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* The above fragment was sent us, with the peremptory endorsement, “to be inserted in the next Number." As we had not the slightest intention, after perusing it, of complying with this request, either in the present or any future Number; and almost doubted whether our correspondent was serious in his exposition, which we do not pretend to understand; we were about to lay it quietly aside, when it occurred to us that it might be as well to admit it: not, indeed, as a specimen of "expounding," but as an occasion for eliciting the thoughts of someof our valued and experienced correspondents upon that important subject. If by "expounding " be intended making clear things dark, and finding meanings that were never meant, the above is undoubtedly an instructive example of exposition. But if rightly to expound the word of God, be to give the true sense, and to ground upon it such useful inferences as naturally flow from it; can we justly call by that name such unstrung, inconsequential, and farfetched remarks, as are sometimes designated by the title of "expounding?" It seems to be the opinion of some persons, that to expound Scripture is to find in it recondite meanings and mystic allusions; to unriddle, as it were, enigmas, and to decipher hieroglyphics. They take for granted that every word has two significations-its obvious and literal, and its hidden and spiritual; and that the effort of imagination by which the latter is discovered, or rather conjectured, is the illumination of the Holy Ghost, teaching to the renewed understanding what is not obvious to the natural mind. That the Holy Spirit teaches the believer, is true; and that without his illumination the Scriptures are a blank as to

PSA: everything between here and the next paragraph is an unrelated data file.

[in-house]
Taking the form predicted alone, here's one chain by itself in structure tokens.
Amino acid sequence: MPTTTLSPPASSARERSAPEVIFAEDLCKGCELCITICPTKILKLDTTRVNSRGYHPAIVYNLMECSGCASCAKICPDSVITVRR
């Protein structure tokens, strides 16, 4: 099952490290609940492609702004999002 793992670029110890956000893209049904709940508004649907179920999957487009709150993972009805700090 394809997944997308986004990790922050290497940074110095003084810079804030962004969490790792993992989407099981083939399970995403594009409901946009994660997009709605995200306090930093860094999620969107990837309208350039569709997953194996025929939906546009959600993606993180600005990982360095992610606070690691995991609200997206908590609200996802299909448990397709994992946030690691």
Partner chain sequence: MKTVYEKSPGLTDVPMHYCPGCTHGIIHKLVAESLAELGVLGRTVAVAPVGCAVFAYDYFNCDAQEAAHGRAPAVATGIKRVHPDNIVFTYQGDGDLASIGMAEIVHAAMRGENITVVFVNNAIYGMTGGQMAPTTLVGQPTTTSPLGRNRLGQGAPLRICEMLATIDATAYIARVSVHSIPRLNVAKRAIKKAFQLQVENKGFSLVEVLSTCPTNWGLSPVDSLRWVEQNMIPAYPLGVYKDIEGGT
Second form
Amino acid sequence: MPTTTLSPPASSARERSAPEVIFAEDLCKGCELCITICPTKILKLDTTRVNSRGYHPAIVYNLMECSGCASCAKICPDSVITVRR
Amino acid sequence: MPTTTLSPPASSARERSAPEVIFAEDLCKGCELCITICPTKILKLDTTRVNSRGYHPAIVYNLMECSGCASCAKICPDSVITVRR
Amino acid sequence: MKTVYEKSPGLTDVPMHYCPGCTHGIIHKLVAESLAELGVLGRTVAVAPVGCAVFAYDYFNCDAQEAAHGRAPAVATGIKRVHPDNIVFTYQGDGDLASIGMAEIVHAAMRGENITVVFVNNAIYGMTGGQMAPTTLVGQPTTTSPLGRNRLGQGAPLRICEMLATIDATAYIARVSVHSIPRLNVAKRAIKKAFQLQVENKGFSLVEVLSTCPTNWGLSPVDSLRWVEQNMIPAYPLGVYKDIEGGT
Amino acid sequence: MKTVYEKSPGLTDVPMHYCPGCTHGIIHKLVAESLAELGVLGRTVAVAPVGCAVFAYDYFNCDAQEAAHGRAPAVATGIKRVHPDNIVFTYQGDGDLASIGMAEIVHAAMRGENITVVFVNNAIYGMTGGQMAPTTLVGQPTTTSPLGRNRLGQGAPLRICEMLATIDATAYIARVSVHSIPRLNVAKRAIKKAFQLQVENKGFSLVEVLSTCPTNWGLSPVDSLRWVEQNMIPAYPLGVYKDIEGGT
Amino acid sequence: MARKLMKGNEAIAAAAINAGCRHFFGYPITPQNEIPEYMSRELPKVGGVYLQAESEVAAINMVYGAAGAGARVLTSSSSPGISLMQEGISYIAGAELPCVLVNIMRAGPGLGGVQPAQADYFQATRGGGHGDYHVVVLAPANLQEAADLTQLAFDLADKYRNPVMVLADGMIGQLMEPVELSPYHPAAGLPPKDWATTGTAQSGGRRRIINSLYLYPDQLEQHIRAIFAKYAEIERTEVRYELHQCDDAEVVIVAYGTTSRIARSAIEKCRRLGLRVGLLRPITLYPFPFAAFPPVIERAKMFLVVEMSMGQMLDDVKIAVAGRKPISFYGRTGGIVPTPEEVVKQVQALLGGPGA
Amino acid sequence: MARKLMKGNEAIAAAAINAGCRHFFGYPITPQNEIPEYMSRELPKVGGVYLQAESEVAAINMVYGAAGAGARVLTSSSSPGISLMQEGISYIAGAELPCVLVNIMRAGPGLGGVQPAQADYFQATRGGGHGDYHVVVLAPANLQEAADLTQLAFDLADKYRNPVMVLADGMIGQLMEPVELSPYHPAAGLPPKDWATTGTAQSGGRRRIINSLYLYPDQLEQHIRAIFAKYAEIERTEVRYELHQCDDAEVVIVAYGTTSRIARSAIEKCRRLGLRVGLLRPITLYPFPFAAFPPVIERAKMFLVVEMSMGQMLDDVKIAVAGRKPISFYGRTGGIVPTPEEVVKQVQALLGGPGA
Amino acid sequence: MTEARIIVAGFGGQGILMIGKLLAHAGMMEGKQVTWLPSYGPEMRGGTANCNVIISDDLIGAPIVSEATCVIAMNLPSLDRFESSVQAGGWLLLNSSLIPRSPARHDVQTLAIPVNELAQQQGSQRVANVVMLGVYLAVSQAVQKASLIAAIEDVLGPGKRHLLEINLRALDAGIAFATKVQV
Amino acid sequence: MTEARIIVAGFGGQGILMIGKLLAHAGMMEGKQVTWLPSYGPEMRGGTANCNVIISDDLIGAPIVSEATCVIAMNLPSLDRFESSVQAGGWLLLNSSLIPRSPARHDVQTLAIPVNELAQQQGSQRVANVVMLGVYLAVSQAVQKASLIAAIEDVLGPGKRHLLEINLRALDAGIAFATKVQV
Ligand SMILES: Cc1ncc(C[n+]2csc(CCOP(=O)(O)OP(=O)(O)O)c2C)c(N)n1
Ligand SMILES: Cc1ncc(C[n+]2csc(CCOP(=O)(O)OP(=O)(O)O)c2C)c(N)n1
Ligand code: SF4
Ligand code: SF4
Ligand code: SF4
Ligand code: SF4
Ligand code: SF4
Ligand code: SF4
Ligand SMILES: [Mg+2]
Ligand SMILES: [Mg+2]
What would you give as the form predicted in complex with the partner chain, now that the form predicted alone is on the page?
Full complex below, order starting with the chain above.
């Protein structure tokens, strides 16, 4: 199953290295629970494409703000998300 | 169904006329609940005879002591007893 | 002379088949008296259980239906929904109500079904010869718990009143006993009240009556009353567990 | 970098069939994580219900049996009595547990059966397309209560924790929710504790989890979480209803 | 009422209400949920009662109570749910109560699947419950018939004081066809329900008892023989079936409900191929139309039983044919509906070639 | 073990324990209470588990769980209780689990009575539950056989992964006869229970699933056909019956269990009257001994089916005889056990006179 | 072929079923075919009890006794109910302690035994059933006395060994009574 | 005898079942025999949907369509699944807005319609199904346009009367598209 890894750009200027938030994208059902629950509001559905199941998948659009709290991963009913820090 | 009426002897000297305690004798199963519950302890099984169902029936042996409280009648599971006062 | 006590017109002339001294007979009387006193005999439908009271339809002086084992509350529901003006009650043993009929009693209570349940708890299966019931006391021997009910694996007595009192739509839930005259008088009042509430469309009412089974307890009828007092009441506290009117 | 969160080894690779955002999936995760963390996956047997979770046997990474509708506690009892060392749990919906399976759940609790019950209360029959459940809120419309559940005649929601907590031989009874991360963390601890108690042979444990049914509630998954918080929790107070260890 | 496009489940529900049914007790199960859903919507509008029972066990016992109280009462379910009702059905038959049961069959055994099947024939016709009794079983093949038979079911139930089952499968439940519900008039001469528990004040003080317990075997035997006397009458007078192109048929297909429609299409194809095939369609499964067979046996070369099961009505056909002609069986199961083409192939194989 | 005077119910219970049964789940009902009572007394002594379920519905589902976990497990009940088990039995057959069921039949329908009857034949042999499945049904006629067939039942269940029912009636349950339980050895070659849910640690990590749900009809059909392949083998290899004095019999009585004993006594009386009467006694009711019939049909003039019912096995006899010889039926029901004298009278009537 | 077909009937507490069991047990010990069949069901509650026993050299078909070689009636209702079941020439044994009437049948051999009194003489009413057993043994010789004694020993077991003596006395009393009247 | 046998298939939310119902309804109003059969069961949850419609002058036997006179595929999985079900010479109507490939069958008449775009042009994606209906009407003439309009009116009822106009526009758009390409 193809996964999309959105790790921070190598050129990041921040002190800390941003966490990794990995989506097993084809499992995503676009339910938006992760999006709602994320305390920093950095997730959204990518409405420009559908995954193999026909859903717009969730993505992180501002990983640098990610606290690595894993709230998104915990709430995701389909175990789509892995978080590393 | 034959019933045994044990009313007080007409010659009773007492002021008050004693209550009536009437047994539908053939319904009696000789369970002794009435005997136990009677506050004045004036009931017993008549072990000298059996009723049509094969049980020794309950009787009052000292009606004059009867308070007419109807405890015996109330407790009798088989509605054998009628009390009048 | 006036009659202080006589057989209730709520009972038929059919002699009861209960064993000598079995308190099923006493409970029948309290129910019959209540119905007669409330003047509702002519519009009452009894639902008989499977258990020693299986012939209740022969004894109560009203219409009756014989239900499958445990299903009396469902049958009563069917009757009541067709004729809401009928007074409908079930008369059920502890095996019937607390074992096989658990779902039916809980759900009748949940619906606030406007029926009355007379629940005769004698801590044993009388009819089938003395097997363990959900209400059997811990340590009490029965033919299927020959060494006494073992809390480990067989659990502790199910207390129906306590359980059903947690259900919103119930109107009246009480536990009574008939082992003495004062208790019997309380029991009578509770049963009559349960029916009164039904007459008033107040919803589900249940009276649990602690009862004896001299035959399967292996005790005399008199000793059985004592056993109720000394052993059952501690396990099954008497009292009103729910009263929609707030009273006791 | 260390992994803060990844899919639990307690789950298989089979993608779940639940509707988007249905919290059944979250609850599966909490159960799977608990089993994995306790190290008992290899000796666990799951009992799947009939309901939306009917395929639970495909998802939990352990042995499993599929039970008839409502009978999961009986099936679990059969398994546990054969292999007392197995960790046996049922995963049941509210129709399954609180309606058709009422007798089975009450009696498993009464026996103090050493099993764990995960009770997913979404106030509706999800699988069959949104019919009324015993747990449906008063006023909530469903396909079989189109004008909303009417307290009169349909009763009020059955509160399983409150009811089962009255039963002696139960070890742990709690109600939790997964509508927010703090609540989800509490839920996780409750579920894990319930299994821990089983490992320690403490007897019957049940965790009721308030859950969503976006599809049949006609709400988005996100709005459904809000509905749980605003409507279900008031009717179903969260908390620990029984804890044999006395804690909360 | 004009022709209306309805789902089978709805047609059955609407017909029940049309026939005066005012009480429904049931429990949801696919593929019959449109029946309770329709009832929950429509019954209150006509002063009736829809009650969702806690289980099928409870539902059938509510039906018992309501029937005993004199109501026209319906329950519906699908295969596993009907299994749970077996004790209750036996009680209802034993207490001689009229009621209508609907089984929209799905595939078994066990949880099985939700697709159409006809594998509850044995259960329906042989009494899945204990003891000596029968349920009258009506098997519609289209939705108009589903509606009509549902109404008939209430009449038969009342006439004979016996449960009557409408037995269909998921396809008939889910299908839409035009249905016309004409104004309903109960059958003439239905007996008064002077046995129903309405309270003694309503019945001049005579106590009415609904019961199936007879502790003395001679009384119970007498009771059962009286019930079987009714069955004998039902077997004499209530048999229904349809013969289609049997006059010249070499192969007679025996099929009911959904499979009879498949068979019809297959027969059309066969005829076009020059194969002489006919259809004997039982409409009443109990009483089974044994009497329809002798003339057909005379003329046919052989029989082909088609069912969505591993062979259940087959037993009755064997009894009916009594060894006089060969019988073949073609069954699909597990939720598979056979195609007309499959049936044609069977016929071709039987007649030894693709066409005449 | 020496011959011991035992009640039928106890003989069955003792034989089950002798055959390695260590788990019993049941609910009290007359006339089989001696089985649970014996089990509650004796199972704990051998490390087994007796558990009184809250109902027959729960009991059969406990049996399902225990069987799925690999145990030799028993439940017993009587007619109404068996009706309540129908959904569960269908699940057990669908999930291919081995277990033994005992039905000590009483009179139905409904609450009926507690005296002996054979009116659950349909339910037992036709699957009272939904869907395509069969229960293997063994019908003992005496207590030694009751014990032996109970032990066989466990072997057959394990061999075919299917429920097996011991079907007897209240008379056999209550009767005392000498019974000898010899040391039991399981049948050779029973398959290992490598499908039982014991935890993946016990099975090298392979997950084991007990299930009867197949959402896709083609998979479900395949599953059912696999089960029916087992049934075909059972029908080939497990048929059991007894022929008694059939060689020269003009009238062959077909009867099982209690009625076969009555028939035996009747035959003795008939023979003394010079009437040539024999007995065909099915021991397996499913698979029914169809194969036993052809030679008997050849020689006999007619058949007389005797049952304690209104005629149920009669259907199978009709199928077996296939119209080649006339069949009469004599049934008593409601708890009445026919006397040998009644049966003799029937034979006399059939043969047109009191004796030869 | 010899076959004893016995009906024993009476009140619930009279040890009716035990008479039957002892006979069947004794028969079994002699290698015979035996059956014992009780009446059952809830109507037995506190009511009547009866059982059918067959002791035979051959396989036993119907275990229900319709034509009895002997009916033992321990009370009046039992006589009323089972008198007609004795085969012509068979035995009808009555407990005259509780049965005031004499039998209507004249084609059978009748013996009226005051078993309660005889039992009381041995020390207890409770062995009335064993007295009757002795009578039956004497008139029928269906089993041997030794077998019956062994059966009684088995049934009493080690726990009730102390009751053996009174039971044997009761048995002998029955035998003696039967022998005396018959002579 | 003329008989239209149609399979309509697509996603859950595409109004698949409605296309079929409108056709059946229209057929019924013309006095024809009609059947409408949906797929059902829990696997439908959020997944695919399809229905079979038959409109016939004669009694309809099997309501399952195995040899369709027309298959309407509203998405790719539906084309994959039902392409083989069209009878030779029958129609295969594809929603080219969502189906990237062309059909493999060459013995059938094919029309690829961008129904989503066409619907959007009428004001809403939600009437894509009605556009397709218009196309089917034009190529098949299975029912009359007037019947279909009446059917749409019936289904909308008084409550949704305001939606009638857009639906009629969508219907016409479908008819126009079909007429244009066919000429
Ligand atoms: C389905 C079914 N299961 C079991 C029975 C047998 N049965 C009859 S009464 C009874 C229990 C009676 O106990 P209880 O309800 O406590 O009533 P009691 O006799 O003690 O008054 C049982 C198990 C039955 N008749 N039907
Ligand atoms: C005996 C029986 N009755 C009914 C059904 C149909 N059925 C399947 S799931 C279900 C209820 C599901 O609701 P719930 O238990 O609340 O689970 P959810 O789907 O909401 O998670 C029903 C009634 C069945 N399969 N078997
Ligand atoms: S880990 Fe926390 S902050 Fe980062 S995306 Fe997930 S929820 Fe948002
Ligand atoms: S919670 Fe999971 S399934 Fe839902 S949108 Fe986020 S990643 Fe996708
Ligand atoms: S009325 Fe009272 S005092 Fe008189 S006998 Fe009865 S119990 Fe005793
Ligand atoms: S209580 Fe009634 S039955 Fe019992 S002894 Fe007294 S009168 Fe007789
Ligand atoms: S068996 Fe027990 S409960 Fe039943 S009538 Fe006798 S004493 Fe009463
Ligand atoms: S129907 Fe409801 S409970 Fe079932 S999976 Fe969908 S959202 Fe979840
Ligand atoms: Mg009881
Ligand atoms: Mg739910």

To the Editor of the Christian Observer.

So much has been said, in your valuable miscellany, on Church Reform, and on the revision of our admirable Liturgy, that some apology is due for addressing you in reference to the latter; but your pages are read by so many of the influential clergy, and the remarks which occasionally appear on church matters are so judicious and well-timed, that I am induced to trouble you with the following particulars of an affair which occurred in my own parish. I am somewhat anticipated by the remarks which appeared in the Christian Observer for January, in the case of the Rev. R. Taylor; but the subject to which I refer is of so much importance, that it ought not to be lost sight of till something is done for vindicating the honour of religion, relieving the consciences of the clergy, and preventing the many evils which ensue from the present position of the question.